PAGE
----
Bullying Prevention and the Law Bullying is defined for Indiana schools in HEA 1423 • IC 20 -33 -8 -0. 2 – “Bullying” means: Ø Overt (intentional) unwanted, repeated acts or gestures including: Ø Verbal or Written communication, or images transmitted in any manner (including digitally or electronically) Ø Physical acts committed, aggression, or any other behaviors that are committed by a student or group of students against another student with the intent to Ø Harass, ridicule, humiliate, intimidate, or harm the targeted student and Ø Create for the targeted student an objectively hostile school environment
Defining Bullying Unwanted, aggressive behavior Repeated or potential for repeated behavior Real or perceived power imbalance
What is NOT bullying? • There are many other types of aggressive behavior that don’t fit the definition of bullying. This does not mean that they are any less serious or do not require intervention. o Peer Conflict o Teen Dating Violence o Hazing o Gang Violence o Harassment o Stalking
Conflict or Bullying?
Types of Bullying (Categories of Bullying for IDOE Reporting Requirements) § Physical § Verbal § Social/Relational § Electronic or Written Communication § Combination of Categories
Physical Bullying Physical bullying involves hurting a person’s body or possessions. Physical bullying includes: Ø Hitting/kicking/pinching Ø Spitting Ø Tripping/pushing Ø Taking or breaking someone’s things Ø Making mean or rude hand gestures
Verbal Bullying Verbal bullying involves saying mean things. Verbal bullying includes: Ø Teasing Ø Name-calling Ø Taunting Ø Threatening to cause harm
Social/Relational Bullying Social bullying, sometimes referred to as relational bullying, involves hurting someone’s reputation or relationships. Social bullying includes: Ø Leaving someone out on purpose Ø Telling other children not to be friends with someone Ø Spreading rumors about someone Ø Embarrassing someone in public
Electronic/Written Bullying Electronic or Written Communication bullying (including all forms of Cyberbullying) is bullying that takes place through the use of written messages or using various forms of electronic technology. Examples include: Ø mean text messages or emails, Ø rumors sent by email or posted on social networking sites, and Ø embarrassing pictures, videos, websites, or fake profiles.
Terminology • Target (aka Victim) • Bullier (aka Bully) o Student exhibiting bullying beavior • Witness (aka Bystander)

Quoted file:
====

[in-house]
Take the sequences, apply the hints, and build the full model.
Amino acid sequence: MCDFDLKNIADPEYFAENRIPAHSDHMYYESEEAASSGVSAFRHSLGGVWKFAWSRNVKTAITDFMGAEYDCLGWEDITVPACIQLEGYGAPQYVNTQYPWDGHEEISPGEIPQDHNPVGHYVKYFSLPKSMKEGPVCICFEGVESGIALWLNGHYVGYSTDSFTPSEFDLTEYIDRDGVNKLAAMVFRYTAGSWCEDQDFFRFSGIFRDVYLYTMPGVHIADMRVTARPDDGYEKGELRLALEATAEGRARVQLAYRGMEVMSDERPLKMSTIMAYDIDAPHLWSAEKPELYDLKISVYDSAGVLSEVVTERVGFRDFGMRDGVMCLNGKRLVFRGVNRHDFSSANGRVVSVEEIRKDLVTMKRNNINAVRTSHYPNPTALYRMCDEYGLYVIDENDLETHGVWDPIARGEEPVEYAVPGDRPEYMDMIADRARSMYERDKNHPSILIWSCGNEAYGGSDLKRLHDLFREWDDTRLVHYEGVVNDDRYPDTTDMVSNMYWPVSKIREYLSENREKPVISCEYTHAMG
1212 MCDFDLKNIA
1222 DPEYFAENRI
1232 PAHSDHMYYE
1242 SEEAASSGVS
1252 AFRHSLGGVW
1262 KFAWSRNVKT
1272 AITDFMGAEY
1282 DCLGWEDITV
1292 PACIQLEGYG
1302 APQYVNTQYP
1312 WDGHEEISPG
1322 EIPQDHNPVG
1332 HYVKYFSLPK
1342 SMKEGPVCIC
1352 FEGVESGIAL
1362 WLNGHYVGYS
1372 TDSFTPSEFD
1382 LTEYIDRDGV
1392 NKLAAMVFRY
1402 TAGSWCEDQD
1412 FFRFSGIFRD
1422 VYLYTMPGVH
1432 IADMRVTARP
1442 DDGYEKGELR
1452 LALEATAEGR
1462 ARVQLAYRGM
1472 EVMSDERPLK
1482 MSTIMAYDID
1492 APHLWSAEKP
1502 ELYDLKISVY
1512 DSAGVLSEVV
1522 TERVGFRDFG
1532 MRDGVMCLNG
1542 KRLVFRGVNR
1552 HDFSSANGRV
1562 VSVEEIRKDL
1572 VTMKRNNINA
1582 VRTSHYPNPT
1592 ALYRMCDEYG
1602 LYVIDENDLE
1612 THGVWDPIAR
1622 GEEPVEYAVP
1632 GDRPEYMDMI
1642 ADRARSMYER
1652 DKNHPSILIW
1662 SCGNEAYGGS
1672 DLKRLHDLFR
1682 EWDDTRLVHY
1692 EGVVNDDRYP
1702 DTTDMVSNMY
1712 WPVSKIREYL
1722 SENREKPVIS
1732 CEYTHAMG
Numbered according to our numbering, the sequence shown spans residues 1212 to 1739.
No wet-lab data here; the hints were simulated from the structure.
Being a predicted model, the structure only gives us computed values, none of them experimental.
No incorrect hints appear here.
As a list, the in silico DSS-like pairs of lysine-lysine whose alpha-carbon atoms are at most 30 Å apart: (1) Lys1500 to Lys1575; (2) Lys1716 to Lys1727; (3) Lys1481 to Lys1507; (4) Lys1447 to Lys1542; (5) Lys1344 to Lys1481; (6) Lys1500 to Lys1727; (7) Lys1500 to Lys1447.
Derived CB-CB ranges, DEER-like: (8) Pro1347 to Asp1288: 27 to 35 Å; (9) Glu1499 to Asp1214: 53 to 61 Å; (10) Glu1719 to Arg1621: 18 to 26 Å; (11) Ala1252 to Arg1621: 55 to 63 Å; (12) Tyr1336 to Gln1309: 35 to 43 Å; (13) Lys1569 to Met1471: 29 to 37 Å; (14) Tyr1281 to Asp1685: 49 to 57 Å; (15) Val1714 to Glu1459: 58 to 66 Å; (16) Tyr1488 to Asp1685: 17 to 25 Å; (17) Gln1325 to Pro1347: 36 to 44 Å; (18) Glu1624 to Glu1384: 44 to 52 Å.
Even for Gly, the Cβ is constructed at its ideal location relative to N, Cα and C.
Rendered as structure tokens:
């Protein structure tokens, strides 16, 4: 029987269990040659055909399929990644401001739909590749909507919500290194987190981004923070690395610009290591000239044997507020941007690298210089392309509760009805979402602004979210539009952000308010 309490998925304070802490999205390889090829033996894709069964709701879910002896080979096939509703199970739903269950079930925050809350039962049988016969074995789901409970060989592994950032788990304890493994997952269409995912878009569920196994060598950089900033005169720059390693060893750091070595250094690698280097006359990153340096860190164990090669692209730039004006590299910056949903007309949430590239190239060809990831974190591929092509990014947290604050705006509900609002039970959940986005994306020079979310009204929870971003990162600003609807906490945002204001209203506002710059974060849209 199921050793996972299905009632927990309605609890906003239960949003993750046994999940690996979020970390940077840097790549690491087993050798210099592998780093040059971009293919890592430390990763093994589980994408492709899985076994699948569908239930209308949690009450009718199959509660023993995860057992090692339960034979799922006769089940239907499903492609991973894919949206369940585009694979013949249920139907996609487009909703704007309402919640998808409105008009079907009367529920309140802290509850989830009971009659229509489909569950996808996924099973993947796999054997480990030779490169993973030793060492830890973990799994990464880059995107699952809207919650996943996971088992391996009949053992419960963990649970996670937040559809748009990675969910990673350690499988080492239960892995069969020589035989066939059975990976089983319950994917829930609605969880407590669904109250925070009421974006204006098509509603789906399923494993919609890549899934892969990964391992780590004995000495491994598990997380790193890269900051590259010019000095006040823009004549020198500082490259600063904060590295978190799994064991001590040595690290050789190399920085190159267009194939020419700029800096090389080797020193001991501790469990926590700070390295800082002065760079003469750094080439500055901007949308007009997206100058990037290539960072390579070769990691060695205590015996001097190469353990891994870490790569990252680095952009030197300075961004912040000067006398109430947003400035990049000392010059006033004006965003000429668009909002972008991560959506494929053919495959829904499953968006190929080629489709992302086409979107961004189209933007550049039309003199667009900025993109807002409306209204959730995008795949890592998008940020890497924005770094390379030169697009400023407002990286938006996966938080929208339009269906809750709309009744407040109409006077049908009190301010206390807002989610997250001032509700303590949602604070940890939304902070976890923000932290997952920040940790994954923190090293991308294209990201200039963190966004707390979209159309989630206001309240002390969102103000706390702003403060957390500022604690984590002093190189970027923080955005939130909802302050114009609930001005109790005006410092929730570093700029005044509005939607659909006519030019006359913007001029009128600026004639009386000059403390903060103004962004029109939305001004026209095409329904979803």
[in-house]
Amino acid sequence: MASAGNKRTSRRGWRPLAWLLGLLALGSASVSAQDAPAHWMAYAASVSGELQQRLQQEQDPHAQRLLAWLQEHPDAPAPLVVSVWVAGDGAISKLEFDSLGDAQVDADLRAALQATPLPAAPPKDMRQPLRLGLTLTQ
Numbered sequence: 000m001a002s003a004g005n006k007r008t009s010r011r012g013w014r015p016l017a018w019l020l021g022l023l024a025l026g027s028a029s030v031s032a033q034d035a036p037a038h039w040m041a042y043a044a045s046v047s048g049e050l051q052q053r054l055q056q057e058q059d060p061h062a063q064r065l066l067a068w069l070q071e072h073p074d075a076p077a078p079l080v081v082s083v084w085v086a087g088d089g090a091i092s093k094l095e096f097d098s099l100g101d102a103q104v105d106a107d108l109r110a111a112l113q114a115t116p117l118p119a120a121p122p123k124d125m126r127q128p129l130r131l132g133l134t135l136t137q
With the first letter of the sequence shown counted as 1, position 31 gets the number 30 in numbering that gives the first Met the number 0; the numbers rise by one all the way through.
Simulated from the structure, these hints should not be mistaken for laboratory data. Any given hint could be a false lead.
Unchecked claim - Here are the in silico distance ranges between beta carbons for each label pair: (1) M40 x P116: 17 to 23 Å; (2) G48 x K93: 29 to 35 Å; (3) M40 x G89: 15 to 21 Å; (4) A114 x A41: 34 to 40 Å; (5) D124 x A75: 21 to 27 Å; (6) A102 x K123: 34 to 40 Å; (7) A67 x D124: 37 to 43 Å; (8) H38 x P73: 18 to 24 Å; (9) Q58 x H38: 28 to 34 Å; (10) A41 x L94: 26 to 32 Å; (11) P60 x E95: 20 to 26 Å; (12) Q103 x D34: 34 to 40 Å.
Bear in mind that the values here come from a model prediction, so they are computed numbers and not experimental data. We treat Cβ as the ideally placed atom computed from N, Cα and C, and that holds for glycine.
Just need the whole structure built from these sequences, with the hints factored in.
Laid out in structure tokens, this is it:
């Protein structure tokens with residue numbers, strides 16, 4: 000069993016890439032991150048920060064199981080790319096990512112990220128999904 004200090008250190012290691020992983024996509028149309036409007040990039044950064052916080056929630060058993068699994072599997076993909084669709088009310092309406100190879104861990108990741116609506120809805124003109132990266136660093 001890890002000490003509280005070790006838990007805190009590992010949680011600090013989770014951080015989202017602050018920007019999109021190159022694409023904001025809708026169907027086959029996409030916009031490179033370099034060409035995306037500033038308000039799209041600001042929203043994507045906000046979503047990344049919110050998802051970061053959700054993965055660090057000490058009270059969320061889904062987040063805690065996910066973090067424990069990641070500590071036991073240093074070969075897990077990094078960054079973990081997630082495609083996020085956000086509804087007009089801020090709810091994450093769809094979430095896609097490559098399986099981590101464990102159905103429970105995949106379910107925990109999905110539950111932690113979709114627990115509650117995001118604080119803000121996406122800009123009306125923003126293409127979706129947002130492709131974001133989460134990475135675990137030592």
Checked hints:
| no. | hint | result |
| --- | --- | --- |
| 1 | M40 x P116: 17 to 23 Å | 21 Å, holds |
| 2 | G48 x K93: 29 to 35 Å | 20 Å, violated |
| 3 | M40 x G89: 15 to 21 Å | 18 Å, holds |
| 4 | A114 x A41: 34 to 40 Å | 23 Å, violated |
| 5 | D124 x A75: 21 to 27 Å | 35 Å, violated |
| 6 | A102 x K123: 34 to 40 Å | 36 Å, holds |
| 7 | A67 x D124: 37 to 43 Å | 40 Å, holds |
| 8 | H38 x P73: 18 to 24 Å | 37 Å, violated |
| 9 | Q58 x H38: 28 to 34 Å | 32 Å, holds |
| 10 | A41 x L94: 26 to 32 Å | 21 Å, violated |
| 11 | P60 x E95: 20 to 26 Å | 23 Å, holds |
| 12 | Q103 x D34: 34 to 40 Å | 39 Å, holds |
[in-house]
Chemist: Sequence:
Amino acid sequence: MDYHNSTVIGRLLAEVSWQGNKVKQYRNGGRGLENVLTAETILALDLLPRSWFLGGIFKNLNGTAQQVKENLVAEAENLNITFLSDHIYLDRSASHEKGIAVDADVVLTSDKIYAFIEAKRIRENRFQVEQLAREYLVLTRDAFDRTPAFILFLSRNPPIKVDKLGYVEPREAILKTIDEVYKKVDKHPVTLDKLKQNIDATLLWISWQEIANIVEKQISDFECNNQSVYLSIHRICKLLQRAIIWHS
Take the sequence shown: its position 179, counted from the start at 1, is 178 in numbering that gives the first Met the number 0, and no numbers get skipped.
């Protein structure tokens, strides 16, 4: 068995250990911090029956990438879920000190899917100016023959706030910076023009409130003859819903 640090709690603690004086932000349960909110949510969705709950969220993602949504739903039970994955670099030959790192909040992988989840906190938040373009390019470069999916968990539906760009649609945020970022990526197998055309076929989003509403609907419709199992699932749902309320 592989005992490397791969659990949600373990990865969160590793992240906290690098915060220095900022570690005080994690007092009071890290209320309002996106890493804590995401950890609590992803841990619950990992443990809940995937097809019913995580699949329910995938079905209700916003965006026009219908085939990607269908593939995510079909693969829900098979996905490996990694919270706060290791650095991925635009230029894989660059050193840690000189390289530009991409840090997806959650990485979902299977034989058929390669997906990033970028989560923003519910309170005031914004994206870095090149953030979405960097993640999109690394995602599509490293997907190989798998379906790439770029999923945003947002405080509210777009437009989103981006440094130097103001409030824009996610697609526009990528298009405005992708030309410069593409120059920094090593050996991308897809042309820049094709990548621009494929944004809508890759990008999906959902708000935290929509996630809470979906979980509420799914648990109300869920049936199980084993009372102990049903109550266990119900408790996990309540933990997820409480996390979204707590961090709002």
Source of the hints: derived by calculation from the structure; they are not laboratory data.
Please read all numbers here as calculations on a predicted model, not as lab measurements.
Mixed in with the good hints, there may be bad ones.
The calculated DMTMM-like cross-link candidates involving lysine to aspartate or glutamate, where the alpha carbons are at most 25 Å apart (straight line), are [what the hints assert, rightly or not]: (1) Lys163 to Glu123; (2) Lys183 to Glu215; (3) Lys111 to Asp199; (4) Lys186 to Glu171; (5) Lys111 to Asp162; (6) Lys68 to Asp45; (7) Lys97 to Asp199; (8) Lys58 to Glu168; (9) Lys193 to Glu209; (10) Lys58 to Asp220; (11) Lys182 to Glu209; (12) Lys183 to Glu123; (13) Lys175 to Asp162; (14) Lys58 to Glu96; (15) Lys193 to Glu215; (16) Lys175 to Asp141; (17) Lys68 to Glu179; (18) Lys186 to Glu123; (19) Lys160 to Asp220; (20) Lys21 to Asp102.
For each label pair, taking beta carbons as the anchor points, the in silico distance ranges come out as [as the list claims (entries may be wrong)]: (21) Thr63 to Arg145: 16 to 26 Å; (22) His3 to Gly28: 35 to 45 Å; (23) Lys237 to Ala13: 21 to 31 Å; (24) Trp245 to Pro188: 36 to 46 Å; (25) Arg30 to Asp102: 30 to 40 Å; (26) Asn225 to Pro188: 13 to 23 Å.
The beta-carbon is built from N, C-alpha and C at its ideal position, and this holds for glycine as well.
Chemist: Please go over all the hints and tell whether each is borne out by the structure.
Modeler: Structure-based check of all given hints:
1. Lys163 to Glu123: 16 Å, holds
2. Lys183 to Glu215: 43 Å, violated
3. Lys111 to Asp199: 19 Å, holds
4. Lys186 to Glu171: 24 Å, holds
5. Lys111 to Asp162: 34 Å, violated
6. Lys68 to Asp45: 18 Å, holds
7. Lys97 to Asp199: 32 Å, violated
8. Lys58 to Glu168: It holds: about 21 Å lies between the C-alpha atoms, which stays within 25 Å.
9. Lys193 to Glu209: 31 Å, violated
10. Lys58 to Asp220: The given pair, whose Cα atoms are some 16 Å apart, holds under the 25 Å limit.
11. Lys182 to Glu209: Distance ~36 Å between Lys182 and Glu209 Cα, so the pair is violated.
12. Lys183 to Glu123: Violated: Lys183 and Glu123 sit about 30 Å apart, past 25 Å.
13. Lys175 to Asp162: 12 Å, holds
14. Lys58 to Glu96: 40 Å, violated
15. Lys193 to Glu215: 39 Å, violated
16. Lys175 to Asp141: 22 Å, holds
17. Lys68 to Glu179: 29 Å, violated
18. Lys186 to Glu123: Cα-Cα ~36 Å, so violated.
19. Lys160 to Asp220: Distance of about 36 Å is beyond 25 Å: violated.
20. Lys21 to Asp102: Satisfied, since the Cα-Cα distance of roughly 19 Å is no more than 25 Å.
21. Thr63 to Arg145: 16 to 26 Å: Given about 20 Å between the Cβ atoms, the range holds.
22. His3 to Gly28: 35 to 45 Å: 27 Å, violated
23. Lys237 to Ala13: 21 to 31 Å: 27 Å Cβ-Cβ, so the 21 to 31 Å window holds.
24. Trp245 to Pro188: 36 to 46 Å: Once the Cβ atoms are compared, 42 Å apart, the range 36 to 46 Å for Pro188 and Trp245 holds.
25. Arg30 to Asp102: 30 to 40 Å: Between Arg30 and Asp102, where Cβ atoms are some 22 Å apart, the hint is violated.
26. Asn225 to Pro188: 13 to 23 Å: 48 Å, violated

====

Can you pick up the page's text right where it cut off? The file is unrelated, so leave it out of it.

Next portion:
Why Do Students Bully? Information about bullying suggests that there are three interrelated reasons why students bully. 1. Students who bully have strong needs for power and (negative) dominance. 2. Students who bully find satisfaction in causing injury and suffering to other students. 3. Students who bully are often rewarded in some way for their behavior with material or psychological rewards. (section taken from the Olweus Bullying Prevention Program, www. olweus. org)
The Impact of Bullying Effects on targets Kids who are bullied can experience negative physical, school, and mental health issues. Kids who are bullied are more likely to experience: • Depression and anxiety, increased feelings of sadness and loneliness, changes in sleep and eating patterns, and loss of interest in activities they used to enjoy. These issues may persist into adulthood. • Health complaints • Decreased academic achievement—GPA and standardized test scores— and school participation. They are more likely to miss, skip, or drop out of school. • A very small number of bullied children might retaliate through extremely violent measures. In 12 of 15 school shooting cases in the 1990 s, the shooters had a history of being bullied. http: //www. stopbullying. gov/ http: //www. creducation. org/resources/bullying_prevention/index. html
The Impact of Bullying Kids Who Exhibit Bullying Behaviors Kids who bully others can also engage in violent and other risky behaviors into adulthood. Kids who bully are more likely to: • Abuse alcohol and other drugs in adolescence and as adults • Get into fights, vandalize property, and drop out of school • Engage in early sexual activity • Have criminal convictions as adults • Be abusive toward their romantic partners, spouses, or children as adults http: //www. stopbullying. gov/ http: //www. creducation. org/resources/bullying_prevention/index. html
The Impact of Bullying Effects on Witnesses Kids who witness bullying are more likely to: • Have increased use of tobacco, alcohol, or other drugs • Have increased mental health problems, including depression and anxiety • Miss or skip school http: //www. stopbullying. gov/ http: //www. creducation. org/resources/bullying_prevention/index. html
Risk Factors-Target • • Perceived as “being different” from peers Perceived sexual orientation Perceived ability/disability level Perceived socioeconomic status Poor social skills Socially isolated/few friends Overweight/underweight Many more…. basic premise of “perceived difference”
Responding to HEA 1423 through Model Policy
Model Policy Frames the issue • The school board of Corporation XXXX prohibits acts of bullying of a student. The school board has determined that a safe and civil environment in school is necessary for students to learn and achieve high academic standards; bullying, like other disruptive or violent behaviors, is conduct that disrupts both a student’s ability to learn and a school’s ability to educate its students in a safe and disciplined environment. Since students learn by example, school administrators, faculty, staff and volunteers should be commended for demonstrating appropriate behavior, treating others with civility and respect and refusing to tolerate harassment, intimidation or bullying.
Model Policy (Cont. ) Criteria to determine bullying incident Definition (as stated in code) and: • places the targeted student in reasonable fear of harm to the targeted student’s person or property; • has a substantially detrimental effect on the targeted student’s physical or mental health; • has the effect of substantially interfering with the targeted student’s academic performance; or • has the effect of substantially interfering with the target student’s ability to participate in or benefit from the services, activities, and privileges provided by the school. • Exceptions as listed in HEA 1423